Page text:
Listed US firms end dismal week

Blackstone, Fortress and Och-Ziff stocks hit all-time lows Friday, as specialised vehicles affiliated with Carlyle and KKR faced problems ranging from fair value write-downs to margin calls and default notices.

Publicly listed private equity has had a disastrous week in the US and Europe. Falling share prices, write-downs and even trading suspension have plagued some of the industry’s biggest brand names.

As Wall Street faltered thanks in large part to lacklustre US employment data released Friday, shares in the management companies of The Blackstone Group and Och-Ziff Capital Management hit all-time lows, while Fortress Investment Group’s low for the day was only one cent off its 52-week low.

Blackstone’s low of $14.30 (€9.31) is a nearly 54 percent drop from its June 2007 issue price of $31 per unit; while Och-Ziff’s low of $19.20 is a 40 percent drop from its November 2007 issue price of $32 per unit; and Fortress’ low of $10.54 is a drop of more than 41 percent from its February 2007 issue price of $18.50.

Meanwhile, listed specialty finance funds associated with Kohlberg Kravis Roberts and The Carlyle Group have also had a tumultuous week.

Trading was suspended yesterday of the $21.7 billion, Euronext-listed Carlyle Capital following a wave of margin calls and default notices from lenders. Prior to its suspension, the Wall Street Journal estimated shares in the specialty vehicle, which invests largely in AAA-rated residential mortgage-backed securities, were roughly 74 percent off their 2006 issue price of $14 per share.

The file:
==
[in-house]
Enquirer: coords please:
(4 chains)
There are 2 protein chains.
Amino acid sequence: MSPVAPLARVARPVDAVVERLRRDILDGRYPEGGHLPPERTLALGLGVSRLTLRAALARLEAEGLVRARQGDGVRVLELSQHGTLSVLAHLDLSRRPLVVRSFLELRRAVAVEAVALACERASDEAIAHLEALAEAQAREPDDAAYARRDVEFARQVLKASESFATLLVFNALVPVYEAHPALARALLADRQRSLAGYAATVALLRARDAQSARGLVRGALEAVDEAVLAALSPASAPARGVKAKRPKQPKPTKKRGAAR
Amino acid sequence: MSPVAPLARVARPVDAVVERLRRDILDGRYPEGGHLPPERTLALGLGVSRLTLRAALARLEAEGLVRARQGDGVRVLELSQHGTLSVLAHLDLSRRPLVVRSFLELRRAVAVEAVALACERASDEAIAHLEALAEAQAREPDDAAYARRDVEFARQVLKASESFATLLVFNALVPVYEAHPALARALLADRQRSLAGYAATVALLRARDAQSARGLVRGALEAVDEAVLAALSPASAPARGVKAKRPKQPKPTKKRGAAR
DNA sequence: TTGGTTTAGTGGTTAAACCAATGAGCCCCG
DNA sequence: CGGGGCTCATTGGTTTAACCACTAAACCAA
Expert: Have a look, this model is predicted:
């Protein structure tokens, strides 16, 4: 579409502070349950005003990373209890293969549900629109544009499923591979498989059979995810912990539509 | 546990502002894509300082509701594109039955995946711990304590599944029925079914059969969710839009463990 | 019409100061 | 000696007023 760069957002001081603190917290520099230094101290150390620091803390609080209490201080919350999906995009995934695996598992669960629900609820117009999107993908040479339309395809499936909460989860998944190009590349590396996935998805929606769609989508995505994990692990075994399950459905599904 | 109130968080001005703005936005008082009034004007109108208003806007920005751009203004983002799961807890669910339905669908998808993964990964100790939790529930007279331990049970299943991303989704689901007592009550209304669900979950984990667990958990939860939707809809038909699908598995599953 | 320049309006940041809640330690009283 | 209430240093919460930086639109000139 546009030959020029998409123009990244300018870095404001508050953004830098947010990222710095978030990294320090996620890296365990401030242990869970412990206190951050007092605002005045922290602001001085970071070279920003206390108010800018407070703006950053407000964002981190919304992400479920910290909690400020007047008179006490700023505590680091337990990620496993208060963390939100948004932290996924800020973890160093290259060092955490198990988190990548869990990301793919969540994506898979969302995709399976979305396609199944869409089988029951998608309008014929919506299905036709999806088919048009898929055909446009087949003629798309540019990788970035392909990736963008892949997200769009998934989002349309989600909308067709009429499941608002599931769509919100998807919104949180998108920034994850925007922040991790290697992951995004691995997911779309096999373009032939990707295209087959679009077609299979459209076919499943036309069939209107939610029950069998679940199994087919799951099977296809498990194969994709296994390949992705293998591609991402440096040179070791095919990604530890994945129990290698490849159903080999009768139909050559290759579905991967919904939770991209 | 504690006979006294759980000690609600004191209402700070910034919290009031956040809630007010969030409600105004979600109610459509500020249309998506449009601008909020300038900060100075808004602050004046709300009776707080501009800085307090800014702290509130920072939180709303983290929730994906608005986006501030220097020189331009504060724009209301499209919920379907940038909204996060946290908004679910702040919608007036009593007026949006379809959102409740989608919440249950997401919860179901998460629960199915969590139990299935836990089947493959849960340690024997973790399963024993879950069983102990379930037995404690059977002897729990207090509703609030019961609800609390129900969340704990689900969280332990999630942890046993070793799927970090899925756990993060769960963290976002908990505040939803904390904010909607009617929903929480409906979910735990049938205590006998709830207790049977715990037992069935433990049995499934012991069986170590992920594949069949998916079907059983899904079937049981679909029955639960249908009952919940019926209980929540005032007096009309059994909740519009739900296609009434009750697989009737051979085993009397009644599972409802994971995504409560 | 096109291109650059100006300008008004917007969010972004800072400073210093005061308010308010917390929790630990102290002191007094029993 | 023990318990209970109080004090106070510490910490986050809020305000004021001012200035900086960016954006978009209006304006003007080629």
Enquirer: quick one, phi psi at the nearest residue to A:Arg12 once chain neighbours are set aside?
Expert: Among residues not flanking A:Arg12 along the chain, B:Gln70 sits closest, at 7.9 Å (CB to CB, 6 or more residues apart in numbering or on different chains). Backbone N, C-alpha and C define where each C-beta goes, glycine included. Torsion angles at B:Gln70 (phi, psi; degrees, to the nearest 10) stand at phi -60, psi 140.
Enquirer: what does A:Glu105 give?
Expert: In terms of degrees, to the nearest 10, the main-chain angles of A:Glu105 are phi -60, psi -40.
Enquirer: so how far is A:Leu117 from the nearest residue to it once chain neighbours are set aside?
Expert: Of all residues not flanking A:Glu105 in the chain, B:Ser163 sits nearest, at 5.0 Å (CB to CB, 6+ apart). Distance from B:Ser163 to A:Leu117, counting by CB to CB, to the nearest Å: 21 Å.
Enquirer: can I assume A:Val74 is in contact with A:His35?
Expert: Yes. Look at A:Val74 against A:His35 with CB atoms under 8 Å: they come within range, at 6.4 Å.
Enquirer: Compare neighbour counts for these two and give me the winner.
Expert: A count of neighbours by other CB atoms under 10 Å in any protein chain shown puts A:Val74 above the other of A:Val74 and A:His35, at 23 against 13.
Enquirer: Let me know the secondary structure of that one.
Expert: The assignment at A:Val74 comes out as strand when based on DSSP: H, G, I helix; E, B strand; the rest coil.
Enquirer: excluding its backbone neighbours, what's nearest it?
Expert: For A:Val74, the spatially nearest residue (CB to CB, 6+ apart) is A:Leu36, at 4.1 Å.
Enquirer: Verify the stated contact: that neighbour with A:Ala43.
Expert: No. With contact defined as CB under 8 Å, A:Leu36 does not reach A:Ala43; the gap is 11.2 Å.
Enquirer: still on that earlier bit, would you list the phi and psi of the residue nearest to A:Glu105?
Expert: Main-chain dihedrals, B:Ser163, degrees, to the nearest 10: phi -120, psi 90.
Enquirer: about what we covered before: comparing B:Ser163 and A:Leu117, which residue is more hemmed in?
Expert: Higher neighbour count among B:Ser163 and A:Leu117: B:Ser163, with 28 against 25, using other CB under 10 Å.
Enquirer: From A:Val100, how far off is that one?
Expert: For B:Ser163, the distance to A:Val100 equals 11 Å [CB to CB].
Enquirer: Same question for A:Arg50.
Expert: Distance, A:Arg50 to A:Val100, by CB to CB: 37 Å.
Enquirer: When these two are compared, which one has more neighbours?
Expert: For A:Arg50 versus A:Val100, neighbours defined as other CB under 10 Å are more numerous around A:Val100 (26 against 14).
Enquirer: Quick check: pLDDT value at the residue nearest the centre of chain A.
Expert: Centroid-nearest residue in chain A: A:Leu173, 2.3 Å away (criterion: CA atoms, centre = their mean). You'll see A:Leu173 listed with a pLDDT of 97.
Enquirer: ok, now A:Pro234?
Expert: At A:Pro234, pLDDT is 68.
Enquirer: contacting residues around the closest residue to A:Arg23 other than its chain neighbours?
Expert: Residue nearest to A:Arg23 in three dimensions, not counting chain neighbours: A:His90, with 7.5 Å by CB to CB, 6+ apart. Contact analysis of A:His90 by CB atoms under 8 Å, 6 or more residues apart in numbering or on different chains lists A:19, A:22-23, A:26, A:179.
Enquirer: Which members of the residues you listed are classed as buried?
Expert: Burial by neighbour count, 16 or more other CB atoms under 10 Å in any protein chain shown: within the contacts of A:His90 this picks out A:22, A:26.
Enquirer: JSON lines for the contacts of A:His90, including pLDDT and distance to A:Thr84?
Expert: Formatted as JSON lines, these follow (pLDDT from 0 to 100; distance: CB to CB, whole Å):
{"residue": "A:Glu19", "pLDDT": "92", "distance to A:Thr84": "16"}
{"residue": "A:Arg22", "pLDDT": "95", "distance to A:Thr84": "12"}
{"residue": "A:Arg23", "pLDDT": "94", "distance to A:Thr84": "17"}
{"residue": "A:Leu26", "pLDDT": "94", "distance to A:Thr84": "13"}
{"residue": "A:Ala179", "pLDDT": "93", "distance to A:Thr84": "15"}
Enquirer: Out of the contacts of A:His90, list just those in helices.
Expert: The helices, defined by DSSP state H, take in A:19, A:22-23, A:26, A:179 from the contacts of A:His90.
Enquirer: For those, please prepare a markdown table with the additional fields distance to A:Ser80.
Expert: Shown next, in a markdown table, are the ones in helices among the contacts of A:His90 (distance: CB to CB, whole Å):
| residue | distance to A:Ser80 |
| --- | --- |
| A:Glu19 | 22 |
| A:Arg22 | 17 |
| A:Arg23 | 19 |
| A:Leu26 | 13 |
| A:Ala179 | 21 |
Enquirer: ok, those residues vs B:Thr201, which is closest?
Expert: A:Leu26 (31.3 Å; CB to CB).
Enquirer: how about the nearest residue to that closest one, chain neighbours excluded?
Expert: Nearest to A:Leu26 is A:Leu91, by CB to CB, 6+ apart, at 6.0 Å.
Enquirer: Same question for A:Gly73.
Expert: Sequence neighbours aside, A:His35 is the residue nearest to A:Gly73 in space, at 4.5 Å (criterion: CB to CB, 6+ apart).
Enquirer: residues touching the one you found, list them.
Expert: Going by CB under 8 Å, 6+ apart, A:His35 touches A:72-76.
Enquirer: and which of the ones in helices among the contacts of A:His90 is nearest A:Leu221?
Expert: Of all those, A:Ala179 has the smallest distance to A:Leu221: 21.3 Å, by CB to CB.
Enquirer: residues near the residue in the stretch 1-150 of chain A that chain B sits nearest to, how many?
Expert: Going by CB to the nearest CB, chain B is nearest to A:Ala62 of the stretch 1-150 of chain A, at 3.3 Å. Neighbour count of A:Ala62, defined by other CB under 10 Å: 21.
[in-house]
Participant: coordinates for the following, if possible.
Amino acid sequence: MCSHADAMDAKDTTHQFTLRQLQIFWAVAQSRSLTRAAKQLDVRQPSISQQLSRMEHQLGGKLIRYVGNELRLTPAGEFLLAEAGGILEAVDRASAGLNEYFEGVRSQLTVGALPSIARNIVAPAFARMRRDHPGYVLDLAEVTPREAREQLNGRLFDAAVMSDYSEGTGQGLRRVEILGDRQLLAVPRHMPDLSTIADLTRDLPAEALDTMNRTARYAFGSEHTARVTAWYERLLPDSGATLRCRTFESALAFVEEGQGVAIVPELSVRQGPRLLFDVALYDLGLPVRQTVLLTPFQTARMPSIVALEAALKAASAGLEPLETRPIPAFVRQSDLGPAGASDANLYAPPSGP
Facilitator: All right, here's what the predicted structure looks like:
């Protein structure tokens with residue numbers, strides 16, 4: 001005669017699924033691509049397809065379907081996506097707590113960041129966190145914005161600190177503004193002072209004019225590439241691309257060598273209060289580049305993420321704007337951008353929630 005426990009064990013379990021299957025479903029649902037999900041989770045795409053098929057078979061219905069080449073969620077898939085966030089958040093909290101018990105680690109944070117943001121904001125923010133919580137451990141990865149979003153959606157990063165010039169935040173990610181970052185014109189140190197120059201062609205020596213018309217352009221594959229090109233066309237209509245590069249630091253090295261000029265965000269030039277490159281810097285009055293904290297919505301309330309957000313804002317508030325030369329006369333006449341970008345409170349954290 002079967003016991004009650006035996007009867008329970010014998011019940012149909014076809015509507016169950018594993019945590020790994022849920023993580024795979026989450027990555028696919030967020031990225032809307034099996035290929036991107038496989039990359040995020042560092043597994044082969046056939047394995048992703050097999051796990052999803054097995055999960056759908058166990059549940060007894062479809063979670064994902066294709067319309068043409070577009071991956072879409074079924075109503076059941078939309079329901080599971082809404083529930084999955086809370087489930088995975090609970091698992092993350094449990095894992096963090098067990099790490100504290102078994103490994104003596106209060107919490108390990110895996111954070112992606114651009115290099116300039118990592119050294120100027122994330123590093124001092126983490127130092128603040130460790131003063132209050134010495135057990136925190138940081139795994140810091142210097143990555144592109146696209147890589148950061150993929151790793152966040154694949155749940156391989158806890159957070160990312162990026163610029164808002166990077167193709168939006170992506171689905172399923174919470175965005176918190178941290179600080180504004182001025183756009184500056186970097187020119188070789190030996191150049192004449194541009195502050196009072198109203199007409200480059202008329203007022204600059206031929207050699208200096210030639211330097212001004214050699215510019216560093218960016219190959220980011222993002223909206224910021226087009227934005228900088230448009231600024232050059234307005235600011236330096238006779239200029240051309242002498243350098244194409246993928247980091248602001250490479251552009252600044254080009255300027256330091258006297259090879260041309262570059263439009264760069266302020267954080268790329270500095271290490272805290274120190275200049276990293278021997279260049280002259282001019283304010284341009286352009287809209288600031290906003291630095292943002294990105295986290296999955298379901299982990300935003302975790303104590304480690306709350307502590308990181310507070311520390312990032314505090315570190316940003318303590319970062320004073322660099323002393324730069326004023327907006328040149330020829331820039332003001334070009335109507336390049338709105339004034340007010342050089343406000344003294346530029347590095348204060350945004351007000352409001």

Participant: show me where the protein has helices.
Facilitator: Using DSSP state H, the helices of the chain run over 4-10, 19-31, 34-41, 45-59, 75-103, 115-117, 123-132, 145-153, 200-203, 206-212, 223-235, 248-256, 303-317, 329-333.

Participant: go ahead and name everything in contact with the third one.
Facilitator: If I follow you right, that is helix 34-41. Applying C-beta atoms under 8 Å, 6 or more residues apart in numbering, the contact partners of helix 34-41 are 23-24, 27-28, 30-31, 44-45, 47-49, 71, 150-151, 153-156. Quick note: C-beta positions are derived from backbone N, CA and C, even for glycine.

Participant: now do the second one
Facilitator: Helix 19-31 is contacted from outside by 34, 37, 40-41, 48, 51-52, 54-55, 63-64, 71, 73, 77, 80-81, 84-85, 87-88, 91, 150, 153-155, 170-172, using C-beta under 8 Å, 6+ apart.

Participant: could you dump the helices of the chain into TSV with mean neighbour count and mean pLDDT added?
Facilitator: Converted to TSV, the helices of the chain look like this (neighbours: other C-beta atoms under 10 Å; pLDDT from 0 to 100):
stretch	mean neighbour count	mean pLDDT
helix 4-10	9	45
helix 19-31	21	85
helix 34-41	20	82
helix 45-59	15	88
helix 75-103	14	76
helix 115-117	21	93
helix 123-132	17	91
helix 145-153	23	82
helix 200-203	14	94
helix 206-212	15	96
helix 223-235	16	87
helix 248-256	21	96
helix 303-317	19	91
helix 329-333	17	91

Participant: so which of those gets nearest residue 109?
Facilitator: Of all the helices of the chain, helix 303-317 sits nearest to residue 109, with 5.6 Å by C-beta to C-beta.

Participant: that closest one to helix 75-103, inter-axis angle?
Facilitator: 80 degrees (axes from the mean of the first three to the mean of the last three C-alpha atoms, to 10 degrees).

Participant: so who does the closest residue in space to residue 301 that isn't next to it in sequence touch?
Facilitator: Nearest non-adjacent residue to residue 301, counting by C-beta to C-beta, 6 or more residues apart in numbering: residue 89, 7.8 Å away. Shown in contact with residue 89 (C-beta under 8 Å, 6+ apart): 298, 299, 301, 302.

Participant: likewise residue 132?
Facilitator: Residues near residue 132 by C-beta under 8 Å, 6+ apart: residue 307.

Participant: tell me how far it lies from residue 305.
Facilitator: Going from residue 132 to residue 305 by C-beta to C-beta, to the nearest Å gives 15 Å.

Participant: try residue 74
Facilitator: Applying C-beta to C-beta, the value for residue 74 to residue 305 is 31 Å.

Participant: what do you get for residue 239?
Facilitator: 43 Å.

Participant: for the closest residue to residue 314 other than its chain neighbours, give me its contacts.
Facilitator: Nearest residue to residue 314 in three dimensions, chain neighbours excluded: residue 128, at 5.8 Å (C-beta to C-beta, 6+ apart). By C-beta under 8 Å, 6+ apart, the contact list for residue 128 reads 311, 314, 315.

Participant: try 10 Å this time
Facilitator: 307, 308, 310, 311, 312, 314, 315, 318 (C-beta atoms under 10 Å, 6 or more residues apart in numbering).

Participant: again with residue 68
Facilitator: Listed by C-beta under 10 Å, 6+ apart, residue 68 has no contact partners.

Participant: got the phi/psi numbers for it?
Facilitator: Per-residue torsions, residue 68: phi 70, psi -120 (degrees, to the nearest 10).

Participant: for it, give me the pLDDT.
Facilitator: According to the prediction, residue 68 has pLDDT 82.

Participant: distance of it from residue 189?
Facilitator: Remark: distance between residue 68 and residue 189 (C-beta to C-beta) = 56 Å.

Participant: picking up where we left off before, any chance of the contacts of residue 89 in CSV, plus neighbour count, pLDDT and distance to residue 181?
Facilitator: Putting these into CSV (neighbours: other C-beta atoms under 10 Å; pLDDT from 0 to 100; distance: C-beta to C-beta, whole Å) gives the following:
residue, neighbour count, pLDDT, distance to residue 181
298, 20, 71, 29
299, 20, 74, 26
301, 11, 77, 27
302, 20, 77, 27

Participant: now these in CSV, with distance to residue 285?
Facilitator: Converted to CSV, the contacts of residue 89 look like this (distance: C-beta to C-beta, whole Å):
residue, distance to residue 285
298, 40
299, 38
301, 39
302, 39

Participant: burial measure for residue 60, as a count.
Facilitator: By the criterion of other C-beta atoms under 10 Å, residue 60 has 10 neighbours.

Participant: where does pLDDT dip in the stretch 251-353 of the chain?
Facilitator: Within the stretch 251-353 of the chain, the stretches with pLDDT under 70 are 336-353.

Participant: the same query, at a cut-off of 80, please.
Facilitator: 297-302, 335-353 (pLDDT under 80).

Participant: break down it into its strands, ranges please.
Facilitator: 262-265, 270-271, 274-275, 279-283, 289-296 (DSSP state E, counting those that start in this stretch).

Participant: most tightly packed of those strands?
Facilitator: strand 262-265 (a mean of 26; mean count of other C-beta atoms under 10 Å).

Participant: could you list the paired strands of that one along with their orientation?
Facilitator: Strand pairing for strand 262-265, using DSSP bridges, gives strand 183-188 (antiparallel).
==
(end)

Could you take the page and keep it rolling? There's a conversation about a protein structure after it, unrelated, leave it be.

“Although the company believed last week that it had sufficient liquidity, it was informed by its lenders this week that additional margin calls and increased collateral requirements would be significant and well in excess of the margin calls it received Wednesday,” Carlyle said in a statement. “The company believes these additional margin calls and increased collateral requirements could quickly deplete its liquidity and impair its capital.”

Carlyle said it is in “continuing discussions with its lenders”.

KKR suffered setbacks with two of its funds, one listed in Europe and one listed in the US.

KKR Private Equity Investors, KKR’s $5 billion Euronext fund that invests in KKR funds and deals, wrote down the value of a number of its its direct and co-investments, described in an earnings report as “changes in the unrealised fair value of investments” from the third to the fourth quarter of 2007.

KKR Financial, a NYSE-listed REIT that trades under the ticker “KFN”, saw its shares fall roughly 13 percent yesterday, following an analyst’s downgrade and a Standard & Poor's ratings cut on its asset-backed commercial paper issuers, KKR Atlantic Funding Trust and KKR Pacific Funding Trust.

KFN chief executive Saturnino Fanlo said during an earnings call yesterday that the mulit-strategy fund had plenty of liquidity, with $1.4 billion in cash available, Reuters reported. But the stock still hit a low of $10.12, the closest it’s gotten to its 52-week low of $9.39 per share, which occurred in August as the firm tried reduce its mortgage market exposure with the sale of $5.1 billion in residential mortgage loans.